Jenny Willott: To ask the Secretary of State for Justice how many (a) photocopiers, (b) scanning devices and (c) fax machines, excluding multi-function devices, there are in his Department; how many there were in his Department and its predecessor in each of the last three years; and if he will make a statement. 
Mr. Wills: As part of the Department's efforts to reduce its impact on the environment and comply with the Greening Government ICT strategy published in July 2008, a programme is underway across the MOJ headquarters to replace photocopiers and printers with multi-functional devices, which optimise the green benefits for printing and photocopying services.
193 document scanners
373 barcode scanners
202 document scanners
378 barcode scanners.
2,309 fax machines; 476 scanners;
2,404 fax machines; 447 scanners;
(1) Fax machines purchased in April 2009 have been removed from the contract and the figure is therefore unavailable. This information could be provided only at disproportionate cost.
Chris Huhne: To ask the Secretary of State for Justice (1) how many (a) men and (b) women under the age of 18 were (i) proceeded against, (ii) found guilty and (iii) sentenced to immediate custody for offences of drink driving in each year since 1997; 
Claire Ward: Available information held on prosecutions and resultant convictions for driving under the influence of alcohol or taking drugs in England and Wales from 1997 to 2007 (latest available) are shown in the tables.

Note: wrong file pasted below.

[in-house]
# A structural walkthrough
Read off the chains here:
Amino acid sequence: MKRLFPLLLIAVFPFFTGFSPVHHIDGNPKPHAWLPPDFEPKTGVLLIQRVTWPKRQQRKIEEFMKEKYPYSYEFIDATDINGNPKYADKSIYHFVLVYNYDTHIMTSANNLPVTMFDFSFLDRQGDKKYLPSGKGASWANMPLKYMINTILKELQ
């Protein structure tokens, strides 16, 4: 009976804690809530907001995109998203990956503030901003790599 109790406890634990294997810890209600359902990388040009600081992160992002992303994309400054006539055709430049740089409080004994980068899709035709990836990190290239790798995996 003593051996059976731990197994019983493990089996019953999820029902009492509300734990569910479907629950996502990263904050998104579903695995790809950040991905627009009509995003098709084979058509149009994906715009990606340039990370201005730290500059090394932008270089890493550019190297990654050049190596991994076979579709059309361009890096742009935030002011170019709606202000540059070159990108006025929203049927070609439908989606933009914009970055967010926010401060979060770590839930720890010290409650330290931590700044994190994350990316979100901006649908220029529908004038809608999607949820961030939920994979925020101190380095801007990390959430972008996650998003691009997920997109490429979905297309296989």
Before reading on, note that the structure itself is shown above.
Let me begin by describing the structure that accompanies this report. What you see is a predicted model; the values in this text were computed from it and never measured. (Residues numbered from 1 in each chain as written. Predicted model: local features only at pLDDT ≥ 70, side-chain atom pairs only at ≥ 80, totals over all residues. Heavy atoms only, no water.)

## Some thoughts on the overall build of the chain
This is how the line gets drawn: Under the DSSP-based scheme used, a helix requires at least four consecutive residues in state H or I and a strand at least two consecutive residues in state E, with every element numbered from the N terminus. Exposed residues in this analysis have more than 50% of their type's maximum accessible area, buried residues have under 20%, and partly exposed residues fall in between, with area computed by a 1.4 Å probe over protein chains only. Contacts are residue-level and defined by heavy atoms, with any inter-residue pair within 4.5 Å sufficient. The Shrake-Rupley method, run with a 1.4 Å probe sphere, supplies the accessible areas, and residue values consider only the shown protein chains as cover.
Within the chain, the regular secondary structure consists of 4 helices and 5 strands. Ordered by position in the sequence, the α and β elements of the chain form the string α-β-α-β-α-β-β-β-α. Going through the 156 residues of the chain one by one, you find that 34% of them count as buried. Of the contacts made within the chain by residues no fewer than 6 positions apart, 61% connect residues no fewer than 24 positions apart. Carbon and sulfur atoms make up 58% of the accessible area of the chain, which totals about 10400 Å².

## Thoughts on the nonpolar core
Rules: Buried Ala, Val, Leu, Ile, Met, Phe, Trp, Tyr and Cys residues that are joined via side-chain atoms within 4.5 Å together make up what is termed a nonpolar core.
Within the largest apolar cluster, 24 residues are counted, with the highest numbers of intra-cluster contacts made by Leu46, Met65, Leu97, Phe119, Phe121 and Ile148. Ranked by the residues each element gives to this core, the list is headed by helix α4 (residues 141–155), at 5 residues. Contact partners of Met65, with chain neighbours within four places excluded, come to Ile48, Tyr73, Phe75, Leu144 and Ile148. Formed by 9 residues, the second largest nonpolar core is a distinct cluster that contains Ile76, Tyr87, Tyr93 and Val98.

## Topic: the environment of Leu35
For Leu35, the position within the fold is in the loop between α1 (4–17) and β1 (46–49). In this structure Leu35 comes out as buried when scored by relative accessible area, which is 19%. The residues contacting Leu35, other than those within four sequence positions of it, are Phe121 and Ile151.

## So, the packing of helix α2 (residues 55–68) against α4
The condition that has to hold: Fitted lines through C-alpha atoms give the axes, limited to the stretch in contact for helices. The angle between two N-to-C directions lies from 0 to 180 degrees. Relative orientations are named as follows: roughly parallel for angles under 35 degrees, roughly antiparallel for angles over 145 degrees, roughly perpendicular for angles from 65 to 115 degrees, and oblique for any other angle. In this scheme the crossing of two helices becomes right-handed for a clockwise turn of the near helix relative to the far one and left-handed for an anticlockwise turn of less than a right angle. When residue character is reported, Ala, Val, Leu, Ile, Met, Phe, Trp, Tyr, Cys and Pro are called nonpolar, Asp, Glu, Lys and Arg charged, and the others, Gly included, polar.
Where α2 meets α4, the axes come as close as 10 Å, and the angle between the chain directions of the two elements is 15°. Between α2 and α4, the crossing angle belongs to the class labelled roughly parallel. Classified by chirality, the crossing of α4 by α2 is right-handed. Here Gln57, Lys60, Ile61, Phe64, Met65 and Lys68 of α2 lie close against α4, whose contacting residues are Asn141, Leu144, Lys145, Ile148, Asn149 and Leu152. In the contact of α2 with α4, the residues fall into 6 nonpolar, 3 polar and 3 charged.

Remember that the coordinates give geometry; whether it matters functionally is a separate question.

|Table 1: Proceedings at magistrates courts, findings of guilt at all courts, sentenced to immediate custody, by gender, for persons under the age of 18 years for 'driving after consuming alcohol or taking drugs', England and Wales 1997 to 2007( 1,2)|
|Number of offences|
|Offence type: driving etc. after consuming alcohol or taking drugs|
|Under 18 years|
|Proceeded against||Findings of guilt||Immediate custody||Proceeded against||Findings of guilt||Immediate custody|
|(1) It is known that for some police force areas the reporting of court proceedings, in particular those relating to summary motoring offences, may be less than complete.|
(2) Every effort is made to ensure that the figures presented are accurate and complete. However, it is important to note that these data have been extracted from large administrative data systems generated by the courts and police forces. As a consequence, care should be taken to ensure data collection processes and their inevitable limitations are taken into account when those data are used.
Office for Criminal Justice Reform-Evidence and Analysis unit, Ministry of Justice